Court Reinstates Death Penalty In Neo-Nazi Case The Supreme Court reinstated the death sentence of a neo-Nazi who shot and killed three people and seriously wounded a fourth during a 1980s murder spree in Ohio. Frank Spisak, 57, was convicted during a sensational trial in which he grew an Adolf Hitler-style mustache, gave Nazi salutes to jurors and carried a copy of Hitler's Mein Kampf.
NPR logo Court Reinstates Death Penalty In Neo-Nazi Case


Court Reinstates Death Penalty In Neo-Nazi Case

The Supreme Court on Tuesday reinstated the death sentence of a neo-Nazi who shot four people during a 1980s murder spree at Cleveland State University in Ohio.

Frank Spisak, 57, was convicted of killing three people and seriously wounding a fourth over a seven-month period. During a sensational trial, Spisak grew an Adolf Hitler-style mustache, gave Nazi salutes to jurors and carried a copy of Hitler's Mein Kampf to court.

Spisak admitted to the shootings, but the defense argued that he was mentally unstable. The month-long trial featured testimony that Spisak had a deep hatred of homosexuals, blacks and Jews and that he was a cross-dresser who wanted to have surgery to become a woman.

Spisak was found guilty of killing the Rev. Horace Rickerson, CSU student Brian Warford and Timothy Sheehan, who was CSU's assistant superintendent for buildings and grounds. He also was convicted of attempting to kill John Hardaway, who was shot seven times, but survived. He also shot at Coletta Dartt, but missed.

Jurors recommended that Spisak be put to death.

Spisak appealed the sentence to the 6th U.S. Circuit Court of Appeals, saying that improper instructions were given to the jury and that his attorney was ineffective because of what he claimed were derisive comments during the closing argument. The appeals court agreed and set aside the sentence.

But after hearing oral arguments in October, the high court unanimously decided that Spisak's arguments were unjustified.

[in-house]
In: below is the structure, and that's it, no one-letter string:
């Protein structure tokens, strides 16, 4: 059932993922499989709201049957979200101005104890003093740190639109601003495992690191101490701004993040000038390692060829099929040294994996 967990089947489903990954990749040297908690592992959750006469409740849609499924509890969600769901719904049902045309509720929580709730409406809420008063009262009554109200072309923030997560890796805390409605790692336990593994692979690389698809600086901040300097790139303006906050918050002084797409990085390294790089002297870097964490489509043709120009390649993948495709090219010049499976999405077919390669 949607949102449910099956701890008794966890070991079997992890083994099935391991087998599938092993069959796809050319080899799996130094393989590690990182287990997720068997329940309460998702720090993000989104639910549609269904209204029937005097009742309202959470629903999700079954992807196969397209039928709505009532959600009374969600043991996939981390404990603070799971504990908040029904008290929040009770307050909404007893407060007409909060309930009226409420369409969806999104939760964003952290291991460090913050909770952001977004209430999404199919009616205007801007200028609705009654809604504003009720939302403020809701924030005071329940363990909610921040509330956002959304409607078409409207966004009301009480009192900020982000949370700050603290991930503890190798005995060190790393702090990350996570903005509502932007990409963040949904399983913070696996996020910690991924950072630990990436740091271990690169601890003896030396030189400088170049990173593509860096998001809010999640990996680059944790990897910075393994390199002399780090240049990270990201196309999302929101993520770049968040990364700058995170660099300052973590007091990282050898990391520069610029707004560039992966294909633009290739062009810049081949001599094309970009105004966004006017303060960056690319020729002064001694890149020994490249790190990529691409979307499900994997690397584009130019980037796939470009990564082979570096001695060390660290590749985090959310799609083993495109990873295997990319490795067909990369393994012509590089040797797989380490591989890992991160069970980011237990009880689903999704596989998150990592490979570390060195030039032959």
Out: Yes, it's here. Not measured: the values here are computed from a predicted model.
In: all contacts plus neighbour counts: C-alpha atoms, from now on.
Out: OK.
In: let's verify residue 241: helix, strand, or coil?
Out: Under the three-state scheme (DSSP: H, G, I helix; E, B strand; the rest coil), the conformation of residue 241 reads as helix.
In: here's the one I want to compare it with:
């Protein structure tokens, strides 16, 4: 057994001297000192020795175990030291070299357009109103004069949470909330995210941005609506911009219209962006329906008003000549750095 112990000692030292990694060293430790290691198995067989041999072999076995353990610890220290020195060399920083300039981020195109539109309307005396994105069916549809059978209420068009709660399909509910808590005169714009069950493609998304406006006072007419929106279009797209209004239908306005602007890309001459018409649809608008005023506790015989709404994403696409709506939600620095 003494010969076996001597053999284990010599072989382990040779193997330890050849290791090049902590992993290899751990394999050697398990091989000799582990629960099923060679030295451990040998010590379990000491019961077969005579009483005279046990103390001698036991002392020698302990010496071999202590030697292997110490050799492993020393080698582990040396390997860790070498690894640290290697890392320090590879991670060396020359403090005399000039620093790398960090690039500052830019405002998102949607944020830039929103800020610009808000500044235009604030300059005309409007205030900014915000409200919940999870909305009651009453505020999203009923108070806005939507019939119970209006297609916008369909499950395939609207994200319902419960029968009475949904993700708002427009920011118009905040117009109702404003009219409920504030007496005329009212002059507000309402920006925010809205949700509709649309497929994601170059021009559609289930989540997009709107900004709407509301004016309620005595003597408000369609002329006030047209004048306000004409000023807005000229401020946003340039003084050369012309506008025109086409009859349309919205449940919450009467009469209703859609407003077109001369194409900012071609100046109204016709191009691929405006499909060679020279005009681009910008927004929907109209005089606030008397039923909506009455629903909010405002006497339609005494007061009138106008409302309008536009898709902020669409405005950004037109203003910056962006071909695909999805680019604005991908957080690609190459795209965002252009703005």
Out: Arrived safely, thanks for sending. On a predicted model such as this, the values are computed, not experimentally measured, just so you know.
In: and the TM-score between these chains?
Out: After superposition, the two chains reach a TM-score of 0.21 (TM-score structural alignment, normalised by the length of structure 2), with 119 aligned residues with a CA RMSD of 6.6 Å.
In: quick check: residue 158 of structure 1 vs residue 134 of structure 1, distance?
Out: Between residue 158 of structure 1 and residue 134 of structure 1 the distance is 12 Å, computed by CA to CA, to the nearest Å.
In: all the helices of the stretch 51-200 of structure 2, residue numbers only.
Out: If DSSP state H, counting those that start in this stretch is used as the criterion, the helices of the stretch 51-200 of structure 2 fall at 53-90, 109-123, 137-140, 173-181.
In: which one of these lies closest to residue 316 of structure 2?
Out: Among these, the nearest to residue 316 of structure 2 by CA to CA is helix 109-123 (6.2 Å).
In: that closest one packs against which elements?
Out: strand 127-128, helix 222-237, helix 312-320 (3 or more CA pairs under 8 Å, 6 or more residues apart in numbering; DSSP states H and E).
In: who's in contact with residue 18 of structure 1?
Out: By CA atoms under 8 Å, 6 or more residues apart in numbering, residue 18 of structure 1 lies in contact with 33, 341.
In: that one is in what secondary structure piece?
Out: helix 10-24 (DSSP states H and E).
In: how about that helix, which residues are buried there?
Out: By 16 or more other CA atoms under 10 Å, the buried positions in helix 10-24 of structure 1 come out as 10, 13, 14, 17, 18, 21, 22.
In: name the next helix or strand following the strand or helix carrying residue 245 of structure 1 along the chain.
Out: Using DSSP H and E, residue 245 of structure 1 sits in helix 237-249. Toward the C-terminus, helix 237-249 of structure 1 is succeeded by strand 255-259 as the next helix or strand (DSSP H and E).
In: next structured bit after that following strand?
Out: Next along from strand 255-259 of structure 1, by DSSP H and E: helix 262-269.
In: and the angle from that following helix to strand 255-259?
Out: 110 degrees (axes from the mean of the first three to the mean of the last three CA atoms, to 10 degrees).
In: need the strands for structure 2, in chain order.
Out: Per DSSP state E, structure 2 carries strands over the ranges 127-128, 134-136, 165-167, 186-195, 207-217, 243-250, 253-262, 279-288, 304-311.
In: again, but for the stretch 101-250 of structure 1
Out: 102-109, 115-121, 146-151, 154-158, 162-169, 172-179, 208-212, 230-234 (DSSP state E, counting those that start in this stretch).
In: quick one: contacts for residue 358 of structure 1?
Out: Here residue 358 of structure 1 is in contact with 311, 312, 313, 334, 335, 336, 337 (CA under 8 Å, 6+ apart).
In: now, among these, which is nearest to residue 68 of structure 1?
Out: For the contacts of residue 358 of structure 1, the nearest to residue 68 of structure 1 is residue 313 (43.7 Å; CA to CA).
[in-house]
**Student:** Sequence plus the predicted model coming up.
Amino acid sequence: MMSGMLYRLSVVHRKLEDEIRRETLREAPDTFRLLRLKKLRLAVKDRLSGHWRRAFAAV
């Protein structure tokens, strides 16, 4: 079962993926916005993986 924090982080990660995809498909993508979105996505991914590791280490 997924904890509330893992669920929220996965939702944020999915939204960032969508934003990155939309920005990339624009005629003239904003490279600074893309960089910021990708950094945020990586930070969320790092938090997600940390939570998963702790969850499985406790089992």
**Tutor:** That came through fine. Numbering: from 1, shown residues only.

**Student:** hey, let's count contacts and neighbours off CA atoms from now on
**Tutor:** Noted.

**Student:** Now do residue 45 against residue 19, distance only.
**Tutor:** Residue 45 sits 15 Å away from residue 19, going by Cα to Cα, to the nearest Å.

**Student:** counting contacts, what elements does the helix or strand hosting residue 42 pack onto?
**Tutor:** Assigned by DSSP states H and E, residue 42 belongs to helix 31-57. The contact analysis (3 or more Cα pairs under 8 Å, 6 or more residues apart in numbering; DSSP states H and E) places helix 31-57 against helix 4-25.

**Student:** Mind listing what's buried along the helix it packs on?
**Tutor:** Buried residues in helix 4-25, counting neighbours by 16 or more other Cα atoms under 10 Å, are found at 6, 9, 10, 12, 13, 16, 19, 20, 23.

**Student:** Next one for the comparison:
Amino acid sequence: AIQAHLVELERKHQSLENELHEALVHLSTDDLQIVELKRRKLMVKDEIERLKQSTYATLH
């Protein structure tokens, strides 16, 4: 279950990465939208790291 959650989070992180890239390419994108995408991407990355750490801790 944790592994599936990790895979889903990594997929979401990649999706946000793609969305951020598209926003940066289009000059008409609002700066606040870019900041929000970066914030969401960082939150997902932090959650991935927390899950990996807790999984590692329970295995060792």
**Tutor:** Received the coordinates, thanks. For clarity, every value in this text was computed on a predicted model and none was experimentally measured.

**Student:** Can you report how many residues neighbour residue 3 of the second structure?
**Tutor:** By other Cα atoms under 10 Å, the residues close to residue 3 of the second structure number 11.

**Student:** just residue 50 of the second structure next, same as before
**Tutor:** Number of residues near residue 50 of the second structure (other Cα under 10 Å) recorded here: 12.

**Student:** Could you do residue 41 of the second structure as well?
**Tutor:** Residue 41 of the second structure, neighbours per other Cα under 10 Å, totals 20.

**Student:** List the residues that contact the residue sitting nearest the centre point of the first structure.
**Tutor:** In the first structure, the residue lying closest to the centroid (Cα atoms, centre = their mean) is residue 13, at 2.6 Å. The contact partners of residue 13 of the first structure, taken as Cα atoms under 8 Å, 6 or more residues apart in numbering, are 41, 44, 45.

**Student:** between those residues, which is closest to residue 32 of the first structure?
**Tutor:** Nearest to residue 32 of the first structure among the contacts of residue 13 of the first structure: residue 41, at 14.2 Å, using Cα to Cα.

"We conclude that there is not a reasonable probability that a more adequate closing argument would have changed the result," said Justice Stephen Breyer, writing for the court. "The jurors had fresh in their minds the government's evidence regarding the killings ... as well as Spisak's boastful and unrepentant confessions and his threats to commit further acts of violence."

Michael Benza, attorney for Spisak, said he was disappointed that the justices concluded the trial attorney didn't act improperly — despite calling his client "sick, "twisted" and "demented," someone who was "never going to be any different."

"It's a disturbing thought that capital cases are just not winnable," Benza said. "It's very clear that's what [the court] meant when Justice Stevens says that not even Clarence Darrow could have changed this case. The fact is that those of us who do capital work have clients that everybody says should die, and, yet, we don't execute them. That's because of lawyers who stand there and do their jobs."

Ohio Attorney General Richard Cordray, who argued the case, said he was pleased with the court's decision. "Mr. Spisak's murder campaign is one of the most infamous in Ohio's history. The jury's decision to impose a death sentence was appropriate given the horrific nature of his crimes," he said.

Cordray thanked the families of the victims for the patience during the decades-long ordeal.

In other business, the justices heard oral arguments in United States v. Comstock, in which four men convicted of sex-related crimes are challenging the federal government's right to detain them after they completed their sentences.

The 4th U.S. Circuit Court of Appeals ruled last year that Congress overstepped its authority when it enacted the Adam Walsh Child Protection and Safety Act, which provides for "sexually dangerous" inmates to be detained indefinitely.

Federal public defender G. Alan DuBois said this practice would overstep official bounds when it comes to sentencing people for federal crimes. "Civil commitment has never been part of the criminal justice system," he said.

But Solicitor General Elena Kagan argued that the government must ensure that sexual predators are not released into society.

Separately, the court heard arguments in Abbott v. Abbott, a case that seeks to determine whether violation of a clause prohibiting one parent from taking a child outside the country of residence without permission from the other parent is an unlawful removal under the Hague Convention on International Child Abduction.

The case involves the alleged abduction of a child from Chile to the United States. It bears some similarities to a case involving a New Jersey father, David Goldman, whose wife took their 4-year-old son to her native Brazil on vacation and never returned. Goldman's wife later filed for divorce and remarried a Brazilian attorney. She died during childbirth in 2008, leaving Goldman in the midst of a bitter custody dispute with the boy's stepfather. Goldman and his son were reunited on Christmas Eve.

Material from The Associated Press was used in this report.

Related NPR Stories